[MORSE, SAMUEL F.B. 1791-1872.]
Hide-covered and wrought iron-mounted wooden barrel-form stagecoach trunk, 660 x 330 x 330 mm, hinged top opening to reveal newspaper lined interior; top with close-nailed initials "S M" (for Samuel Morse). Covering with loss and wear, leather strap perished, hinge weak, waterstains to interior; in need of some restoration.
Provenance: Samuel F.B. Morse; by descent to the present owner.
MORSE'S STAGECOACH TRUNK, USED BY HIM TO HOLD IMPORTANT PAPERS DURING HIS TRAVELS TO PROMOTE TRANSCONTINENTAL TELEGRAPHY. Samuel F.B. Morse [1791-1872] trained as an artist with an interest in the subject of electricity. He became interested in telegraphy in 1832 after overhearing a conversation about electromagnetism while traveling between Europe and America. The technology for the telegraph already existed at that time, but it was a cumbersome model requiring a different wire for each letter. Morse set about developing a system that would use only one wire for transmitting information. Next, he realized that the most effective way to transmit would be via a simple code of dots and dashes. His telegraph device was first exhibited in New York in 1838; by 1842 he convinced Congress to grant him $30,000 for further development. By 1844 he sent the first inter-city message ("What hath God wrought?") between Washington and Baltimore, and soon after the telegraph spread quickly across the continental United States, often following the paths established by the railways.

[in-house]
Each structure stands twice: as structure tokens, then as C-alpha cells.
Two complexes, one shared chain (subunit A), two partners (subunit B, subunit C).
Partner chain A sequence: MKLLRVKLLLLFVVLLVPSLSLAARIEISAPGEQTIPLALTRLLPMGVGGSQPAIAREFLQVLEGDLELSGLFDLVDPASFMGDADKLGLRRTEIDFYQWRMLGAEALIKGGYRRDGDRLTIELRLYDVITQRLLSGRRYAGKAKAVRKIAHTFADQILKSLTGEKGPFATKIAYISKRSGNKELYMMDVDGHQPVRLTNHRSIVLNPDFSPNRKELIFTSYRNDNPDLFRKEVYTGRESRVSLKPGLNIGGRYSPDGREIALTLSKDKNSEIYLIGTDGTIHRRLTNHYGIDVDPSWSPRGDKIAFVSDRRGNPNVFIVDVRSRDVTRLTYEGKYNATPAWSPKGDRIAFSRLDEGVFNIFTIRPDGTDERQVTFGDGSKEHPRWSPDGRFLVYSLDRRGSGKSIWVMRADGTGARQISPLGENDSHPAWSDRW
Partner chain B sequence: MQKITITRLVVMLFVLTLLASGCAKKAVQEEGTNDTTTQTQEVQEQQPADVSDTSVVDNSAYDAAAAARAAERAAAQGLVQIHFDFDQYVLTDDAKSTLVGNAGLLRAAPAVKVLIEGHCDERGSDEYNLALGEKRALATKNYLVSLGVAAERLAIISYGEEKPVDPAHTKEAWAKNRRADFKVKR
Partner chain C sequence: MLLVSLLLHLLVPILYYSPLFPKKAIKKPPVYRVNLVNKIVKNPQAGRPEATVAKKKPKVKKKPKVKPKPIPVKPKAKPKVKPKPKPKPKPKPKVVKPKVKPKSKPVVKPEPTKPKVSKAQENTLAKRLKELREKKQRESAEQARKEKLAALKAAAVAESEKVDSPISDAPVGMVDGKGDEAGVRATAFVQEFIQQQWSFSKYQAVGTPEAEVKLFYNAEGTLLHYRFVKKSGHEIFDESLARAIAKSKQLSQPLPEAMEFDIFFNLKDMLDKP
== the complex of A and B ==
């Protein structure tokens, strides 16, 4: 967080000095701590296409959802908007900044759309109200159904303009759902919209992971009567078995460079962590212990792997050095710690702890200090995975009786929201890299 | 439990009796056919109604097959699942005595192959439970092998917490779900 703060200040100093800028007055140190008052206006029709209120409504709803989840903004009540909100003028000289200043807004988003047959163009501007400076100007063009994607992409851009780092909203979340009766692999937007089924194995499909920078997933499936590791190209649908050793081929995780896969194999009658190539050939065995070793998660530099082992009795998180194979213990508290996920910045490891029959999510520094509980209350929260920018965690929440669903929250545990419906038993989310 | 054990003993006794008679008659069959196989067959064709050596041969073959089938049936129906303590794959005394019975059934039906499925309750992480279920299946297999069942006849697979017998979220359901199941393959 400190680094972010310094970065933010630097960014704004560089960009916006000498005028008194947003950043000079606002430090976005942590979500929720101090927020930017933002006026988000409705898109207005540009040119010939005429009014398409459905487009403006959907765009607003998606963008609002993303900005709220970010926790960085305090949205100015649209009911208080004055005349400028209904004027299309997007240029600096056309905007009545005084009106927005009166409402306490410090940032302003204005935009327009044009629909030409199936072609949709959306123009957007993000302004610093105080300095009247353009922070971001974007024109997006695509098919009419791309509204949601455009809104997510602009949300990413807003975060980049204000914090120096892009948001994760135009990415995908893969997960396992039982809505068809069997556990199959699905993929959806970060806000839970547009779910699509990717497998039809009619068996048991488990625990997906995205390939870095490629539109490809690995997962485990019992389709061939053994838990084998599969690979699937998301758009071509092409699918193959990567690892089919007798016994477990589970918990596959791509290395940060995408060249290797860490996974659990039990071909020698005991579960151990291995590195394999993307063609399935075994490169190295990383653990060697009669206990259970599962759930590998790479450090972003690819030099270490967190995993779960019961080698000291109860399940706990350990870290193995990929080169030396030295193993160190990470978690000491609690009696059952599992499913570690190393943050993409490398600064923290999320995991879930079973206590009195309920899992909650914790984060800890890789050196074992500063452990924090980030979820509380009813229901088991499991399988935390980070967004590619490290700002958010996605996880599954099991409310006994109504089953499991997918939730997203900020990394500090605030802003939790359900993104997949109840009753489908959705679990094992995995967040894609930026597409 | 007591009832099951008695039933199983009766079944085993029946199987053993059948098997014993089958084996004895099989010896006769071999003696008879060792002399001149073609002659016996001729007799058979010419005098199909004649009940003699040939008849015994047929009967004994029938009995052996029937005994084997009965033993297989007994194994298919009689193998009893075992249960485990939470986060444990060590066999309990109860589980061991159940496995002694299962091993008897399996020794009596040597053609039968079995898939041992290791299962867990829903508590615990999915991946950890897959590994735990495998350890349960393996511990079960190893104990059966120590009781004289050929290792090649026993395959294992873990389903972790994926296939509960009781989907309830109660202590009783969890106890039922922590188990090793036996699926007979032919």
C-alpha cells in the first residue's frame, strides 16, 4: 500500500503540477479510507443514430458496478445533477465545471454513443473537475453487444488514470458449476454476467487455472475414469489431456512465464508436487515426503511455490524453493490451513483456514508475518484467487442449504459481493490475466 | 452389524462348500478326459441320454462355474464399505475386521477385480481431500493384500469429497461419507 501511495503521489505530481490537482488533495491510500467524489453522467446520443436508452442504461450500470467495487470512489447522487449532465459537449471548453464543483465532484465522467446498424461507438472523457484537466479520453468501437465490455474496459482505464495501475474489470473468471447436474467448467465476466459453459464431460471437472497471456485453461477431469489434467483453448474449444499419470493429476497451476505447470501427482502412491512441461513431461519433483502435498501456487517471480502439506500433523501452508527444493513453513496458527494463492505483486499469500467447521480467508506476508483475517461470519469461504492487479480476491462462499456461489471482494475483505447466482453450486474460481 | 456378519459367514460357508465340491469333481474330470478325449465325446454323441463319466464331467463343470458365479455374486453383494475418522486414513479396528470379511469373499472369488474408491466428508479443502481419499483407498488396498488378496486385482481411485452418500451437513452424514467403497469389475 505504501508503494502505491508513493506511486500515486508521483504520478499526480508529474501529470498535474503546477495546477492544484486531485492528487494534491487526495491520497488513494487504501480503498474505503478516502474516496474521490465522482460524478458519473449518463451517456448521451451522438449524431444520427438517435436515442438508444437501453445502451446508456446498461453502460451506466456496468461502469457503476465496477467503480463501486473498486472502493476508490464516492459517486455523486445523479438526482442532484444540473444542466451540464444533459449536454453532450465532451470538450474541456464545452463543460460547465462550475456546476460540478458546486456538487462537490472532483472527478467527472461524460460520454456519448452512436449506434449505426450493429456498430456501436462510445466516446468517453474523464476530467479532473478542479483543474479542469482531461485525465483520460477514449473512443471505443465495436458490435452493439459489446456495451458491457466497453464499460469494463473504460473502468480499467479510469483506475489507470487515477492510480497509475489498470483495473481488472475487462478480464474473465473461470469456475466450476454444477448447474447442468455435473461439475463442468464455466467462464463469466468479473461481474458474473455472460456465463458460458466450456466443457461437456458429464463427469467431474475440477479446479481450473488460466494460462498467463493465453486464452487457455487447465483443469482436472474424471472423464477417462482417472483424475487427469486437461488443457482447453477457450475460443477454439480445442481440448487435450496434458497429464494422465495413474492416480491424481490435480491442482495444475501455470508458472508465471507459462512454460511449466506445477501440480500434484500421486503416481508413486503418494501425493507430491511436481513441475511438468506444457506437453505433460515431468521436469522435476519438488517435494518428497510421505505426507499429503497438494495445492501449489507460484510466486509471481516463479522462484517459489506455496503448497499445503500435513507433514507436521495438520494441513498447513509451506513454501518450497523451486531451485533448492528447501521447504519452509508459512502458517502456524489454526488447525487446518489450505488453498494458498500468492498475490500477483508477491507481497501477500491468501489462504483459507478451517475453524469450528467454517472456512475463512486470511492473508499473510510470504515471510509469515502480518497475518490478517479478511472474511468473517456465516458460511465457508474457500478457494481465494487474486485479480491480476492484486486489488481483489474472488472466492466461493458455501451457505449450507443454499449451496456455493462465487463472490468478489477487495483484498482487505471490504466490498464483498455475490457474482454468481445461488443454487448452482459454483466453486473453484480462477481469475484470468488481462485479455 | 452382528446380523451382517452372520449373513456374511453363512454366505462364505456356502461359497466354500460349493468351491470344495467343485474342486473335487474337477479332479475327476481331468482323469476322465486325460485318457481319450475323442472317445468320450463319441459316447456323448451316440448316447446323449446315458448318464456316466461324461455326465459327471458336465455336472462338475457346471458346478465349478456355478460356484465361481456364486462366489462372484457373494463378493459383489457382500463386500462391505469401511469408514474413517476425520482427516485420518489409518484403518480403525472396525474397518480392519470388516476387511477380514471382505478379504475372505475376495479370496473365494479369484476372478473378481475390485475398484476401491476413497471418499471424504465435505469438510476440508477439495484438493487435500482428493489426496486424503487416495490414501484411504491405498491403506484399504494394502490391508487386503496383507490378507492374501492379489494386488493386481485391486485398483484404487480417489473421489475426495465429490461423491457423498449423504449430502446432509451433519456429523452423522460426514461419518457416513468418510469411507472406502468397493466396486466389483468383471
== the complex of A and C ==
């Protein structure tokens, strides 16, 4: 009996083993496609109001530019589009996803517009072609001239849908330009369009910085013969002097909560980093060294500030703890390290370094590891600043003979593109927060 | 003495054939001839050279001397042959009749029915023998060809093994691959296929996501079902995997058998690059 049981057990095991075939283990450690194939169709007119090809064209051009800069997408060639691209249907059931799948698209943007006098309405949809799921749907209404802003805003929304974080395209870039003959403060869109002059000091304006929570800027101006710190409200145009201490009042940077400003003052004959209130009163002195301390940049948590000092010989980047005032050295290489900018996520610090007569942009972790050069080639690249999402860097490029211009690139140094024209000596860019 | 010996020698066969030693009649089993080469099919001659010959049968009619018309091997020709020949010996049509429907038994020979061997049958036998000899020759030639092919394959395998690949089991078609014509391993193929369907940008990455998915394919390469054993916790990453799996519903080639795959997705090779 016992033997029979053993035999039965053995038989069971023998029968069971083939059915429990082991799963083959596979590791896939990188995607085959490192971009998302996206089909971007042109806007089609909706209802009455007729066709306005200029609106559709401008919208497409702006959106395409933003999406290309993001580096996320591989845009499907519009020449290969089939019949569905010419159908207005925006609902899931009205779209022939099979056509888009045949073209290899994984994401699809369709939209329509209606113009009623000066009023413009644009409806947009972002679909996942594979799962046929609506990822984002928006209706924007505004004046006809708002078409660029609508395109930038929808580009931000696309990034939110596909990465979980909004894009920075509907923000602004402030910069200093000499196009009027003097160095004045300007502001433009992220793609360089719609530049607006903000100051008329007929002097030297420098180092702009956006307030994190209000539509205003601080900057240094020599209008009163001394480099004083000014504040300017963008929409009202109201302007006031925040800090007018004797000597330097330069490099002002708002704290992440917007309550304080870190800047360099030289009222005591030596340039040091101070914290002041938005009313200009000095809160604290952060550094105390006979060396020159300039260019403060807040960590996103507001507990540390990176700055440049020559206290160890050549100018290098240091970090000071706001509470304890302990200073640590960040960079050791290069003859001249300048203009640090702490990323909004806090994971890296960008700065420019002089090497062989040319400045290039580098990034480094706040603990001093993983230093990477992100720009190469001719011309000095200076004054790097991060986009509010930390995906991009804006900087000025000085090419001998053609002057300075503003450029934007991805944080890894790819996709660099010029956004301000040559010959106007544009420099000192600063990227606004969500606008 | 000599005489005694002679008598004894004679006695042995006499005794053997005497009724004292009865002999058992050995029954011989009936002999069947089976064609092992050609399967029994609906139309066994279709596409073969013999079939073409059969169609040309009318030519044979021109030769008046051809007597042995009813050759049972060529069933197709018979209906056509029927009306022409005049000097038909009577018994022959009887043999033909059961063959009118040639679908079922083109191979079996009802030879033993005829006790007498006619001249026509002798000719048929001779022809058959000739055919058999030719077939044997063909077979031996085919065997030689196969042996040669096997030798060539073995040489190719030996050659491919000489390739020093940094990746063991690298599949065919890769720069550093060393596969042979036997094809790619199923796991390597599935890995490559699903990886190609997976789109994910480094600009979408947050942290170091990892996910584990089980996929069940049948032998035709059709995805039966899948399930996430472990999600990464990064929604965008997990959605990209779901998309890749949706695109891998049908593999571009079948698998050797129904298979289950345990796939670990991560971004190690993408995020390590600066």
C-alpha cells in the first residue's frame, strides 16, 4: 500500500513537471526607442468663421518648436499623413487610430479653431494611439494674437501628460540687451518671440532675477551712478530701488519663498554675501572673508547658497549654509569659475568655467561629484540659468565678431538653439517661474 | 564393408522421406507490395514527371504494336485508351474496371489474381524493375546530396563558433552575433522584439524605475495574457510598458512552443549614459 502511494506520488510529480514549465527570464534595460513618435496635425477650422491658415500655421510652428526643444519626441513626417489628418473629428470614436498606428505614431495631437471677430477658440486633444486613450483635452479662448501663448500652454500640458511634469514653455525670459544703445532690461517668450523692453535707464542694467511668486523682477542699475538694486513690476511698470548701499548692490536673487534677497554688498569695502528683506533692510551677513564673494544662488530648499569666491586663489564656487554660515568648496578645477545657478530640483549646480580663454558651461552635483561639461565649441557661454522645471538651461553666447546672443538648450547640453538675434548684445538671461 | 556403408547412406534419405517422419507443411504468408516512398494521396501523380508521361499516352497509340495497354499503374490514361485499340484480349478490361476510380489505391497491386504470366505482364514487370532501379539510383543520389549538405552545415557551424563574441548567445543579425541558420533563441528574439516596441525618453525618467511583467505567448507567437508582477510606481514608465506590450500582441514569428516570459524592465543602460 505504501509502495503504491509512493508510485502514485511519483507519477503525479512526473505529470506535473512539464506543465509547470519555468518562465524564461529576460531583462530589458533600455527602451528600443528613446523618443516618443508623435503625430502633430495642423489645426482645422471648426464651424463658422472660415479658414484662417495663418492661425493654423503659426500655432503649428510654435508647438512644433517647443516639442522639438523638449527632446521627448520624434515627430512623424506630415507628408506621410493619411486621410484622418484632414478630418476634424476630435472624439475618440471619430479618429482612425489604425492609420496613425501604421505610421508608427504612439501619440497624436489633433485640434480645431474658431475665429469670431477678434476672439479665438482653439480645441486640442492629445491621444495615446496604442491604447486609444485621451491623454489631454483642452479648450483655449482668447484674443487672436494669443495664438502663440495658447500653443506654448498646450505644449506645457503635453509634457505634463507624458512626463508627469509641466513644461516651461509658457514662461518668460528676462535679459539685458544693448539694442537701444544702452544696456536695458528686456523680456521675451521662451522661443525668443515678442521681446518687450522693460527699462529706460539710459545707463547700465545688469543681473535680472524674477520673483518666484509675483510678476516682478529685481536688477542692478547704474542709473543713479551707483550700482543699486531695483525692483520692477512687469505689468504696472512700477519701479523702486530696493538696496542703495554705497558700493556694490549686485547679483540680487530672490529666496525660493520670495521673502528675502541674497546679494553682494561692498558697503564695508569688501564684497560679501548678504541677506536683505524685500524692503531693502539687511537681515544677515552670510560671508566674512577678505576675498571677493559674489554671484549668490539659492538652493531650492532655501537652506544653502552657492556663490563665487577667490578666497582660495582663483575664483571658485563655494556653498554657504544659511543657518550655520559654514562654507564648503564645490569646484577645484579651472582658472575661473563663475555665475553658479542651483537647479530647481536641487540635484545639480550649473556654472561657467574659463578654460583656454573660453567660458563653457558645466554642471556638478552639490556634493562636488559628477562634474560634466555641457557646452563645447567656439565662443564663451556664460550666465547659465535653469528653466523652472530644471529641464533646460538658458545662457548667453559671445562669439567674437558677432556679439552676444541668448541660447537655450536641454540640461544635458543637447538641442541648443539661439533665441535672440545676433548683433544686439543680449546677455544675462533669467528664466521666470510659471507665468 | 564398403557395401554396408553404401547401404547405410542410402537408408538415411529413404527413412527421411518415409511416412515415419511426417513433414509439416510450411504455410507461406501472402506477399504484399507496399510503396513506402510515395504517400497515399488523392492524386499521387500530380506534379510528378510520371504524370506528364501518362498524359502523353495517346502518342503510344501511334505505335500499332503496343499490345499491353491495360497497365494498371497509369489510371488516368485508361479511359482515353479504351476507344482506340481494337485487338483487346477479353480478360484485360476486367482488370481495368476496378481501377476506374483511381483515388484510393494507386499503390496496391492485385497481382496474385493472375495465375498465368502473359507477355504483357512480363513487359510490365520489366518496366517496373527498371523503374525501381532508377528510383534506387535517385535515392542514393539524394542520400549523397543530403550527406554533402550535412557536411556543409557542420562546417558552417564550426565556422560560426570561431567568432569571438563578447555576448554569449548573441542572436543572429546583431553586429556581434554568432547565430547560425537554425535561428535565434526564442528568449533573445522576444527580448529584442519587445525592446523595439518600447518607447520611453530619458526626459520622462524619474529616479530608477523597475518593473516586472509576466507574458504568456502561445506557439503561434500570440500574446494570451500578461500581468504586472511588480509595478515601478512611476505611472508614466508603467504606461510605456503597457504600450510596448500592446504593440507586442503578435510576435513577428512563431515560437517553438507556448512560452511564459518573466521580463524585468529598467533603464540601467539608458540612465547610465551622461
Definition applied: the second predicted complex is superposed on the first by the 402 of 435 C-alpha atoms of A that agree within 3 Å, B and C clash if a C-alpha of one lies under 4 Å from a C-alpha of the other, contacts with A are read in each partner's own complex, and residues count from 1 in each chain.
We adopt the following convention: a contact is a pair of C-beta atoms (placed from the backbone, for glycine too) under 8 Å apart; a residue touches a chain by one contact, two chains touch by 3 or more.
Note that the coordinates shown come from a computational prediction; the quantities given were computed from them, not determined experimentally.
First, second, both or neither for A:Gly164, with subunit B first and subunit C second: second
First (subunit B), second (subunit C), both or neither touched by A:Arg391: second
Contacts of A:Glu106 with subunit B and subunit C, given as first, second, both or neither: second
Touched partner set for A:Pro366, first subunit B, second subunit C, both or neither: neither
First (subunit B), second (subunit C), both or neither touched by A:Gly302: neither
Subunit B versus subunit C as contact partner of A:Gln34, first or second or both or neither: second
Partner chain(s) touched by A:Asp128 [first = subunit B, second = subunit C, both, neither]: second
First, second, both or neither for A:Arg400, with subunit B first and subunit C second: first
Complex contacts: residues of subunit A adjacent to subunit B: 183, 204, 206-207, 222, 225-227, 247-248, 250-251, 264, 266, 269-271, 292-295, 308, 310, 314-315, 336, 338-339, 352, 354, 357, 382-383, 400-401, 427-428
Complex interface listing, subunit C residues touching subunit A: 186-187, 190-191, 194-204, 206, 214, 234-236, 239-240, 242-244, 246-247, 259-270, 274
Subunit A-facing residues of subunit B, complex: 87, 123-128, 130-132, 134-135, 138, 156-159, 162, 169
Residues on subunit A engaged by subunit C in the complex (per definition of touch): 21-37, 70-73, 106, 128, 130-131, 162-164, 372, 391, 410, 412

Family lore holds that this was Morse's personal stagecoach trunk, used to hold important papers during his travels. The trunk likely dates from the first quarter of the 19th century: the newsprint used to line the interior dates from approximately 1805 (with extensive coverage of Jefferson's treaty with the Choctaws).